DC becomes a ghost town on the weekends, where one can walk for blocks and blocks in its concrete jungle and only pass a few families of confused tourists looking for the Mall and pregnant yuppie couples on their way to brunch. But amongst the lonely buildings waiting for their high-powered employees to flood in and work/eat/exercise their hearts out during the weekdays, little adventures free of charge lie awaiting for us broke college kids to enjoy. And so, I have the privilege of welcoming you to Halftime’s newest leisure series: Kath’s Free Adventures in DC (or nearly so). My goal is to flee the Hilltop and branch out beyond the Smithsonian and the Mall to find fun things to do without spending a cent. And perhaps one day you can all join me, but for now I have to convince you why. Here’s what happened on my first adventure to Artisphere in Arlington.
With a vague idea of where I was headed, I emerged from the Rosslyn metro stop, took a left, a right down 19th street and a right on Kent, where I stumbled upon an artificial, uber-landscaped sloping staircase called “Freedom Park”. At the base I found a meager exhibit on the Berlin Wall that I couldn’t make much sense of. Some plaques with anti-communist sentiment describing the timeline of the event stood alone next to a fenced-off alcove with a few pictures. I was surprised, a bit confused, and decided to pass it and climb the stairs.
The “park” meandered around the building and gained height, so by the last turn I could see to my left the Washington Monument and the Lincoln and Jefferson on the banks of the Potomac, with Roosevelt Island in the foreground. After the muggy weather of this week and the awful storms the blue skies and pleasant air made the scene much more magical.
To my right was a spherical structure, which happened to be at the spot the map said Artisphere should have been. But there were no doors, and the further I walked up the place continued to be deserted and somewhat creepy. So I turned around and decided to examine the sphere from the street level, and sure enough once I’d left Freedom Park and rounded the corner I found the front entrance to Artisphere. Artisphere is a place dedicated to bringing people in the DC area closer to local artists across many genres; their programming spans the visual arts, dance, music, theater and other performing arts. I went in with the intention of checking out the work of Gina Matchitt, Artisphere’s artist in residence from New Zealand. She works in a studio on the first floor during strange hours, making bags and other things out of strips of photographs she has taken of tourists. Of course, when I entered I found that the artist was not in, which was a bummer, but I was encouraged to check out the rest of the building. All for free.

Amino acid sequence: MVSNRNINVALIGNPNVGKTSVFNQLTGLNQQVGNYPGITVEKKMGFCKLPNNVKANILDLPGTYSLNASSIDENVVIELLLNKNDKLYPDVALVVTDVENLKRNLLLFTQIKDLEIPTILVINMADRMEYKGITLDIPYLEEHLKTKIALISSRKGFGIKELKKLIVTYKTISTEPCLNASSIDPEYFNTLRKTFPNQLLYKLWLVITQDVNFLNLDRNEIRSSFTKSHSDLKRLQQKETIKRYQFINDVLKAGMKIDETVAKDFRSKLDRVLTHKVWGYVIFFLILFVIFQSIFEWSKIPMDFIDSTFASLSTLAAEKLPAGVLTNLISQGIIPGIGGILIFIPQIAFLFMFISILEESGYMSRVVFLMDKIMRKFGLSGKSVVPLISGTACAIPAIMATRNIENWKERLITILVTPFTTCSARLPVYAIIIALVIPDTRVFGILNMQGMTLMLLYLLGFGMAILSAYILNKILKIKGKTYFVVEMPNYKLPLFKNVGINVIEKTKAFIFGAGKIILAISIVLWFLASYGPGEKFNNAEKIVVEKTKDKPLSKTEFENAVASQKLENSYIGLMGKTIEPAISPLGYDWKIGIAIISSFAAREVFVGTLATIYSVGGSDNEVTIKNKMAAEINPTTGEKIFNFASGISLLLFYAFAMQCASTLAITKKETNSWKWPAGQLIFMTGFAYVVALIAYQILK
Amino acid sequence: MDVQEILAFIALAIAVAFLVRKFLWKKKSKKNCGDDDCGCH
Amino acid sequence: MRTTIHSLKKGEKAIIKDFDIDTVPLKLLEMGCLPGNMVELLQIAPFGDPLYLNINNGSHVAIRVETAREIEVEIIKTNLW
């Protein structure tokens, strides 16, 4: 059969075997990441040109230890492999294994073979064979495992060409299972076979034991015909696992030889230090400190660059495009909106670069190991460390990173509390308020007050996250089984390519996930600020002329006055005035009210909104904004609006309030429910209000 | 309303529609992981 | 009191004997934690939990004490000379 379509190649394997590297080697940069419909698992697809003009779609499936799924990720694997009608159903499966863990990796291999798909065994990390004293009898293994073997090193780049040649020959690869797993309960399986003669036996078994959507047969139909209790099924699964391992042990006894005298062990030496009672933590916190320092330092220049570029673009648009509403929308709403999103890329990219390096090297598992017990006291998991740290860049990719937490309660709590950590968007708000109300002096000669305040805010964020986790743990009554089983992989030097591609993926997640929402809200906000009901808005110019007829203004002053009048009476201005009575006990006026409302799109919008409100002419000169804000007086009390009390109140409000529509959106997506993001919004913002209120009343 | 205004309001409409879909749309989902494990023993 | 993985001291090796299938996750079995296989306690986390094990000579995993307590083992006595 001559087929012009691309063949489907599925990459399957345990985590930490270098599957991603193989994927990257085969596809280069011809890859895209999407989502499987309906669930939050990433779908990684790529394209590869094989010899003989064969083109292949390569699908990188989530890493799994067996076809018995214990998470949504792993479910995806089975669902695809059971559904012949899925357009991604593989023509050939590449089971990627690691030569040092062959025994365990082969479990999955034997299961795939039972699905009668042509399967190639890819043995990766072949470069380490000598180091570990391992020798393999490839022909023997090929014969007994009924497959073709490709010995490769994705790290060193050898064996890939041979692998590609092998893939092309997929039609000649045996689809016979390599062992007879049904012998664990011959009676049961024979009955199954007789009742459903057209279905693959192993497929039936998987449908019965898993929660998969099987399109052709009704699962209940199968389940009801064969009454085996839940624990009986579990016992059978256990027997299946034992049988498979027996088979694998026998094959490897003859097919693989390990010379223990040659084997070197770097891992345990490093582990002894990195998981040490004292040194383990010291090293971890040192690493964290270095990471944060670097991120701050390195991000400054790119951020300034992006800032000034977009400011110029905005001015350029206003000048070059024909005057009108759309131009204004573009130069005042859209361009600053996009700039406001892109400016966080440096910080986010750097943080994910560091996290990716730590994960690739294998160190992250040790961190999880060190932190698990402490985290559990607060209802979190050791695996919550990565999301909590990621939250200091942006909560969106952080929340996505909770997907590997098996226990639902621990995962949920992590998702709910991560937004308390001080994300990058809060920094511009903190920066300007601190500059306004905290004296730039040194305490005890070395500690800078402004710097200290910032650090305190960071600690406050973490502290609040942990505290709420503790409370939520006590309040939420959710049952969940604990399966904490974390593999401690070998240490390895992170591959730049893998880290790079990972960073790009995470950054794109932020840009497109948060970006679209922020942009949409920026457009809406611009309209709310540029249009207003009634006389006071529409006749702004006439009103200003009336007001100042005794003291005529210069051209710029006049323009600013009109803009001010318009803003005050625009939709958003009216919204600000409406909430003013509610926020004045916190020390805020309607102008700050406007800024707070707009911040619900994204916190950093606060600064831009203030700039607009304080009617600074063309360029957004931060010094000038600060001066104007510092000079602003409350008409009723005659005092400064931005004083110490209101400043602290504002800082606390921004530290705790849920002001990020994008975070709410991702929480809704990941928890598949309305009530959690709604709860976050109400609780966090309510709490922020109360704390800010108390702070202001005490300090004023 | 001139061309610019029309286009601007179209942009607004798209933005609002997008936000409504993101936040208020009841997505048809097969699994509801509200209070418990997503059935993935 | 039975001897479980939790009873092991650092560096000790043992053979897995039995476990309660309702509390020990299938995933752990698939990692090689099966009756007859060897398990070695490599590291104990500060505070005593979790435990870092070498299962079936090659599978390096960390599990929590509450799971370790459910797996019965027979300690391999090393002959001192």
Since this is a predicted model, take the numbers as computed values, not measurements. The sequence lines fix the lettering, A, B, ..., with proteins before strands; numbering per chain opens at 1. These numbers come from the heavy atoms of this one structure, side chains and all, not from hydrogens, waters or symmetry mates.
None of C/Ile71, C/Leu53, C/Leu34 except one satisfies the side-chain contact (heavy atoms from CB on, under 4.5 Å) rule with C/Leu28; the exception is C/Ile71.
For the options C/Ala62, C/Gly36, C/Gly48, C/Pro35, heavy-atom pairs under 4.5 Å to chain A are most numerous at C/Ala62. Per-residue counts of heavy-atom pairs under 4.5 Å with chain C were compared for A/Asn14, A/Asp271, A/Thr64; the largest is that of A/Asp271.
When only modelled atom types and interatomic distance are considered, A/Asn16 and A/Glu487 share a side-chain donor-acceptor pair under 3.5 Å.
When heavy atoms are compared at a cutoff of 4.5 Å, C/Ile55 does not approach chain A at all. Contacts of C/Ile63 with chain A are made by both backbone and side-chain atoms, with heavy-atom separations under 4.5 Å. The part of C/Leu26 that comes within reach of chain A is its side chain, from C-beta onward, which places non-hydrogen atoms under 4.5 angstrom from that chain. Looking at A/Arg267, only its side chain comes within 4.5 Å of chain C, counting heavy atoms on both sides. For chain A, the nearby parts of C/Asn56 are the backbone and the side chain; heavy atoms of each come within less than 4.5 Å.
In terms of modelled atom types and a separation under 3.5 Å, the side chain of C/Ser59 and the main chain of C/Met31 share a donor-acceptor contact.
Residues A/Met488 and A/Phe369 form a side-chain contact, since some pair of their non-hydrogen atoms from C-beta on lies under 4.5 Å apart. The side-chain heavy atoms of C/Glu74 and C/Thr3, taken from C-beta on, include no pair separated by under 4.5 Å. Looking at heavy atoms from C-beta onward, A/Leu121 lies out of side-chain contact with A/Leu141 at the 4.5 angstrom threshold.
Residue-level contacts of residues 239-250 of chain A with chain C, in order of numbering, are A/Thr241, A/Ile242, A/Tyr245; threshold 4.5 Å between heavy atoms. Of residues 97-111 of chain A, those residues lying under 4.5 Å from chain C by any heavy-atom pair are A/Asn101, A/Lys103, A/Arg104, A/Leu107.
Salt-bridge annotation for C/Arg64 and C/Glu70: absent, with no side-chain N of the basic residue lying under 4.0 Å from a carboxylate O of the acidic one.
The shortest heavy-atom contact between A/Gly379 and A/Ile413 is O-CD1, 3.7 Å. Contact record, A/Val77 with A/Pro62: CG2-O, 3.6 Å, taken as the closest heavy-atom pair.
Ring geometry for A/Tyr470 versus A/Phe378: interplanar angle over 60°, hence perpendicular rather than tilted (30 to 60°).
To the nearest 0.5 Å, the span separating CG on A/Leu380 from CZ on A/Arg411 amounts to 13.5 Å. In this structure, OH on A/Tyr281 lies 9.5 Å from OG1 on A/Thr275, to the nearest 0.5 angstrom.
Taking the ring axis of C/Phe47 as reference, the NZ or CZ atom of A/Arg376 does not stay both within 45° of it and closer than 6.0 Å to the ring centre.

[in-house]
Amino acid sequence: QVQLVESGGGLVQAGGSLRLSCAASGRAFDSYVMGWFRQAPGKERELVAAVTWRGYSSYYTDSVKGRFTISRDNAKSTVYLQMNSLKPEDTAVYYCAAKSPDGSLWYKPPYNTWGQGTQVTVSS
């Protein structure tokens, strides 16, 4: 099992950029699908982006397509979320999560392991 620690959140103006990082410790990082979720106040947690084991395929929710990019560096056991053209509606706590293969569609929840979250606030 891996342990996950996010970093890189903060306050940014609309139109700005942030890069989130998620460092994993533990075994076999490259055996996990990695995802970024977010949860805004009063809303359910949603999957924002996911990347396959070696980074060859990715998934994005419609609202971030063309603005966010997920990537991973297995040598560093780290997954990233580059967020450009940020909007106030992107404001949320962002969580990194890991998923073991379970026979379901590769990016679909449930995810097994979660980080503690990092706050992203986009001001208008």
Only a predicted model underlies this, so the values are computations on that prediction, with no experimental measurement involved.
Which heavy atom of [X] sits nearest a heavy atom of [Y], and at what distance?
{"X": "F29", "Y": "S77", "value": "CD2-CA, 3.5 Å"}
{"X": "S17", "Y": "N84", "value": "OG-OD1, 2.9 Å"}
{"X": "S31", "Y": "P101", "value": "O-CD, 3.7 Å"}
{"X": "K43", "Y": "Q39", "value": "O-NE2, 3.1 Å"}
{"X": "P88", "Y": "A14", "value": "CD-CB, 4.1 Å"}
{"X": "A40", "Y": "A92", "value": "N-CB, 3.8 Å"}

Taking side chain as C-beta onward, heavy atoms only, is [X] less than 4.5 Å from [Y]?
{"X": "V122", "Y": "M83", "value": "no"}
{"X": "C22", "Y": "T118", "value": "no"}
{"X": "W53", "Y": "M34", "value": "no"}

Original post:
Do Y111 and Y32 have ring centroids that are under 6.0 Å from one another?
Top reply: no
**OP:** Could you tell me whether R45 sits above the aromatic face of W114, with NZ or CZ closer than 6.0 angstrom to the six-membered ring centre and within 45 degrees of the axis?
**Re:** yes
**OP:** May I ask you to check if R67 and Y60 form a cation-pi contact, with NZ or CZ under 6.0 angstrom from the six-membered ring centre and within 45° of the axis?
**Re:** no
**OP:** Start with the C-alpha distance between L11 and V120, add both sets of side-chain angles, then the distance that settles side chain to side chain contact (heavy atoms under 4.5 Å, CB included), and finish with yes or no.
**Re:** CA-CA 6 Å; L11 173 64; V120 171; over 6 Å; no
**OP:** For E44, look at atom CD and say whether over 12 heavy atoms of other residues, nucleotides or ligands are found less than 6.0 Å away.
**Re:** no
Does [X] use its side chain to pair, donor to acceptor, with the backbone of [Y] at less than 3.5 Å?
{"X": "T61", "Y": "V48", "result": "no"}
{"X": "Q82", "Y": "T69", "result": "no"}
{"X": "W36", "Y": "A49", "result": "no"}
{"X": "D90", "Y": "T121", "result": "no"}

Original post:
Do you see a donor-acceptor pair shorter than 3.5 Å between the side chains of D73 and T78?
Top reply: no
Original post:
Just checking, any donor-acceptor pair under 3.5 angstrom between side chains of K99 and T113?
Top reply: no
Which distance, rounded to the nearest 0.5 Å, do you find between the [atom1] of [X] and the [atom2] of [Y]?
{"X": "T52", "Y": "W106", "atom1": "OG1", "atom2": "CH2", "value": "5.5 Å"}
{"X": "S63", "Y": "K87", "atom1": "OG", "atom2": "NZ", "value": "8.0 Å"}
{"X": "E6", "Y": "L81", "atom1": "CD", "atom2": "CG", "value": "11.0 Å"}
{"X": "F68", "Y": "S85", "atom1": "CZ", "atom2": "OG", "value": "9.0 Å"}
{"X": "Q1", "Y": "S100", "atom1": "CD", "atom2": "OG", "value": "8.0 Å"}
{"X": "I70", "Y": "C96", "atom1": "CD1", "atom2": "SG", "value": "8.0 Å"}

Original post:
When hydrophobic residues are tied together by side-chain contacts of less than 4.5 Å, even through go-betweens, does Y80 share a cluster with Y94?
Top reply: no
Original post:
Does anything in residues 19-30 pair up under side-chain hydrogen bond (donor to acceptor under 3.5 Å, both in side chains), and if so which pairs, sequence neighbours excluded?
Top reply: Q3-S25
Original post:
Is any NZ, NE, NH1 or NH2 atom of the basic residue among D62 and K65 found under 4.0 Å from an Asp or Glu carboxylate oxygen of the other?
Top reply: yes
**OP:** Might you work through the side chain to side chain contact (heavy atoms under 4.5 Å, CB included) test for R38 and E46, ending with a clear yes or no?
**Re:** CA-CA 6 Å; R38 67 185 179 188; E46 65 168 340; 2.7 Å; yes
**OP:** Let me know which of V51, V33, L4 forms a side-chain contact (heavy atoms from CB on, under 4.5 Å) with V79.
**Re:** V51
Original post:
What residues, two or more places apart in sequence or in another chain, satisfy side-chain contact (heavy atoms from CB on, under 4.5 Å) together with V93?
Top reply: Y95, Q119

I ascended the escalator and another grandiose modern staircase, past a piano, a pile of double-body-sized bean bags, a bar, and some bay windows that looked out on the newsreel passing on the building across the street. Once at the top I found a few exhibits put on by artists trying to sell their stuff. The first I found was in the “in progress” section: The artist, Artemis Herber, is doing a series called “No Man’s Land”, painting unconventional landscapes on swaths of ripped cardboard. At first glance the only way I could figure out what was “in progress” and what was not was by the trashbags and taped off section of floor in the corner. The one I liked most looked like Giant’s Causeway in Ireland, and although the others made less sense to me I liked the artists’ use of color and texture. The most expensive piece has an $8000 price tag, the least costs $800, in case you wanted some cardboard art in your life.
On venturing into another part of the building, I found a deserted hallway of administrative buildings with tv screens hanging from the walls; this was free exhibit #2, a video expose done by an Italian artist who documented the DC metro system. There were four screens in total, with videos taken from inside elevators, on escalators, by the train platforms and on the floors of the train cars themselves. It is supposed to highlight the beauty of the ordinary. I didn’t quite get that one either.
Finally I reached the last exhibit which was a photo exhibit by a man named Joshua Yospin, called “American Sequitor”. It’s purpose is to show the irony of our society, and it was by far my favorite. His photos are vivid and beautifully focused, and pairs ideas beautifully. He shows a picture of a grungy looking guy at a festival next to state trooper in the same position, but decked out in anti-rioting gear. He shows a picture of a rodeo next to a picture of a rally that broke out after Osama bin Laden was killed. He shows a picture of a woman with her head stuck in a dinosaur’s mouth at an amusement park next to a picture of a guy dressed in a Tony the Tiger suit in the cereal aisle of a grocery store. I was delighted… this exhibit was worth the entire trip.
The building was scarcely populated, but I was convinced to go back some other time. Before I left I decided to lounge on one of the body bean bag chairs for a few minutes, during which I saw this comical blurb go across the newsreel across “Flyer escorted off plane after third declining seat fight in a week”. I forced myself to get up so that I wouldn’t sink too far in the chair. I was back on campus in 20 minutes, by foot.
So friends, there you have Kath’s first free adventure in DC. Stay tuned for other fun adventures in weeks to come!
Photo: Katherine Landau/The Georgetown Voice